• Thanks for stopping by. Logging in to a registered account will remove all generic ads. Please reach out with any questions or concerns.

Engine Room Fire in HMCS Protecteur

Edward Campbell

Army.ca Myth
Subscriber
Donor
Mentor
Reaction score
4,630
Points
1,160
The media (Mercedes Stephenson. CTV News, on Twitter) reports that HMCS Protecteur has had an engine room fire. No fatalities; minor injuries only. She's enroute to Hawaii.


Edit to add: Here is the DND News Release
 
Happy to see minor injuries only. Sounds like the Engine Room crew deserve a BZ.

Also, giving credit where due, the clear DND release alluding right away to presence of family onboard and to the commonality of that practice will go a long way to prevent a "shocking development just learned" type of piece in the media. So well done on the PA office that drafted this one.
 
CTV is reporting sources as saying 20 injured, and that the left coast commander Commodore Bob Auchterlonie said it took some time to get the fire out.  Might have been more than just lagging, by the sounds of it.  The USN is sending a destroyer to assist; I would say a tow isn't out of the question, as I'm reading other sources saying she's operating on her emergency generator.
 
No deaths.  Good.

Still on top of the waves.  Good.

Fires happen on ships at sea.  I've been in the navy for over 2 decades, and I think 4 of the ships I've sailed on have had fires.

Hard to dial 911 from the middle of the ocean, which is why we spend so much time training for this stuff.  I was actually just out at the DC Trainer for a DCOTT with almost our whole crew on Monday and Tuesday of this week.  We train, and we respond.  Same as a soldier responding to a jam on his C-7 (or more likely his Browning...tee hee) we get our bunker gear on, close up our section base teams and DC organization and go get the wet stuff on the hot stuff. 

NS
 
I'm glad injuries sound minor and the troops are alright.

Now, someone educate me please. What is the "so what?" of this if she's out of commission for a considerable time? I understand we have three coasts and two AORs. I don't know what our tempo is like and if the other AOR has been busy. OPSEC in mind, what is the potential/realistic impact of this?
 
Well, we operated on the West Coast without tankers before. It just means we need to rely more on our allies... USN.

I've been stranded in foreign ports before. There are far worse paces to be stuck than Pearl. I wonder how long it'll take and cost to repair her.
 
Time to approach the US about the USS(USNS?) Rainier and Bridge AOR's which are due to be decommissioned this year?
 
suffolkowner said:
Time to approach the US about the USS(USNS?) Rainier and Bridge AOR's which are due to be decommissioned this year?

If Canada could afford them, they'd be a great stop-gap solution.
 
AirDet said:
There are far worse paces to be stuck than Pearl. I wonder how long it'll take and cost to repair her.

Funny, but from what I've seen the more appealing the port the longer repairs seem to take ;)
 
What would be a realistic cost to acquire them? I mean the US  is planning on shutting them down.
 
Here's hoping for a full & speedy recovery to all concerned.

AirDet said:
suffolkowner said:
Time to approach the US about the USS(USNS?) Rainier and Bridge AOR's which are due to be decommissioned this year?
If Canada could afford them, they'd be a great stop-gap solution.
Methinks the "naval buy/lease used" option might not be, well, as optically sound at it might be, given Canada's history with the approach.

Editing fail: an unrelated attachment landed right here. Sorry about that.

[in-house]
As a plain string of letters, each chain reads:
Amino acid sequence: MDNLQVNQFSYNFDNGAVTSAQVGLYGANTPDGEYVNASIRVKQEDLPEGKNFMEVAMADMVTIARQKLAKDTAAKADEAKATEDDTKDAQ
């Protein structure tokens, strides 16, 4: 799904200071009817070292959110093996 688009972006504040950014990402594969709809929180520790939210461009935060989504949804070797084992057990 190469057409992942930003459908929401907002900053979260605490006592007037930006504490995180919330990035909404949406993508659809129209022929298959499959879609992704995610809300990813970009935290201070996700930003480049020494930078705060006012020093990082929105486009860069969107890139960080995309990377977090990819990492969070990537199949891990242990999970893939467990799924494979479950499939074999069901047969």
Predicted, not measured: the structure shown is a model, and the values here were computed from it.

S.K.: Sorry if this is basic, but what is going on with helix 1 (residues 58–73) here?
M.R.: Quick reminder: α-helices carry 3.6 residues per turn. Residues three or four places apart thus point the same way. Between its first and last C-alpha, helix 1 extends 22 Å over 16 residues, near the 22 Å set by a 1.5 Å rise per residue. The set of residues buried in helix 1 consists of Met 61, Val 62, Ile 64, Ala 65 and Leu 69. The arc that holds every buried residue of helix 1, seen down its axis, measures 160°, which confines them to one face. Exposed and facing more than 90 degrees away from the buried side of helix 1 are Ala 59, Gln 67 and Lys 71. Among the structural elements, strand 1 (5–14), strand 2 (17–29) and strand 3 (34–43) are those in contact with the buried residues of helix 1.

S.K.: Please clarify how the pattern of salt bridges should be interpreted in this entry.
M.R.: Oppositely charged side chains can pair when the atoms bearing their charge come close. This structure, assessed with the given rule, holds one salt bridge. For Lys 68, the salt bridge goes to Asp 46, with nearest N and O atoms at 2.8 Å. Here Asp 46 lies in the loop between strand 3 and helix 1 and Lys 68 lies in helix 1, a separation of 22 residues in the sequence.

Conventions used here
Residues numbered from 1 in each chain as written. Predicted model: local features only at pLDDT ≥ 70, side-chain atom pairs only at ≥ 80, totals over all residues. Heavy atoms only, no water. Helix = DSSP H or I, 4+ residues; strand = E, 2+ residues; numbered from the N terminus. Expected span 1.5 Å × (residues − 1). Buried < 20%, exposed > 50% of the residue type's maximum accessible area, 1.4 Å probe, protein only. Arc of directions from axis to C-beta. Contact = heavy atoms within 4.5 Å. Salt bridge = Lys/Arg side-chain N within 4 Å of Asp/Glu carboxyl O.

As a long time former Tanker Wanker I'm really happy to hear that all in all everything worked out.  We had a small insignificant fire (by comparison)  in our engine room on PRE when I was there and it was no fun to deal with.  This, was much more of an event from what I read/hear.  It's sometimes bloody dangerous going to sea and as NS say's that's why we train the way we do.  No 911 or roadside assistance out there and you can't damn well walk home either.

Another nail in the coffins for the old girls though. 
 
suffolkowner said:
What would be a realistic cost to acquire them? I mean the US  is planning on shutting them down.


The dollar cost might be important but the political price would be HUGE. Leasing or buying an interim ship would look like the government is considering abandoning the Canadian shipbuilding industry.

It is important to understand that almost no one cares if we spend the defence budget wisely, what's important is that we appear to spend it on Canadian jobs! Jobs!! JOBS!!!
 
I haven't a clue what would be a reasonable cost. Leasing them sounds like something we could justify to the Canadian people so long as it won't cost us a fortune to upgrade (if required).
 
Fair enough ERC, but I think the Queenstown's are probably still a long way off. 7 years maybe?
 
E.R. Campbell said:
It is important to understand that almost no one cares if we spend the defence budget wisely, what's important is that we appear to spend it on Canadian jobs! Jobs!! JOBS!!!

That's true. I hate seeing our budgets spent unwisely but as in ethics, we need to always appear to be doing the right thing. It all has to pass the Globe & Mail test.
 
I think it's fair to say, if the repair cost of the Oiler is too high she'll be paid-off. If I were paying the bill I wouldn't put any more money into her than absolutely necessary.
 
For those with access to Facebook, MARPAC just posted a 15 minute audio file update on the situation, given by Commodore Bob Auchterlonie.

Some points:
- approx. 20 minor injuries:  eg. dehydration, exhaustion, smoke inhalation
- a "major" fire in the engineering space, fought throughout much of the night.  Damage is extensive.
- she will require a tow to return to Pearl
 
Does Canadian jobs mean a tow back to Canada for repair to extensive damage?
 
Back
Top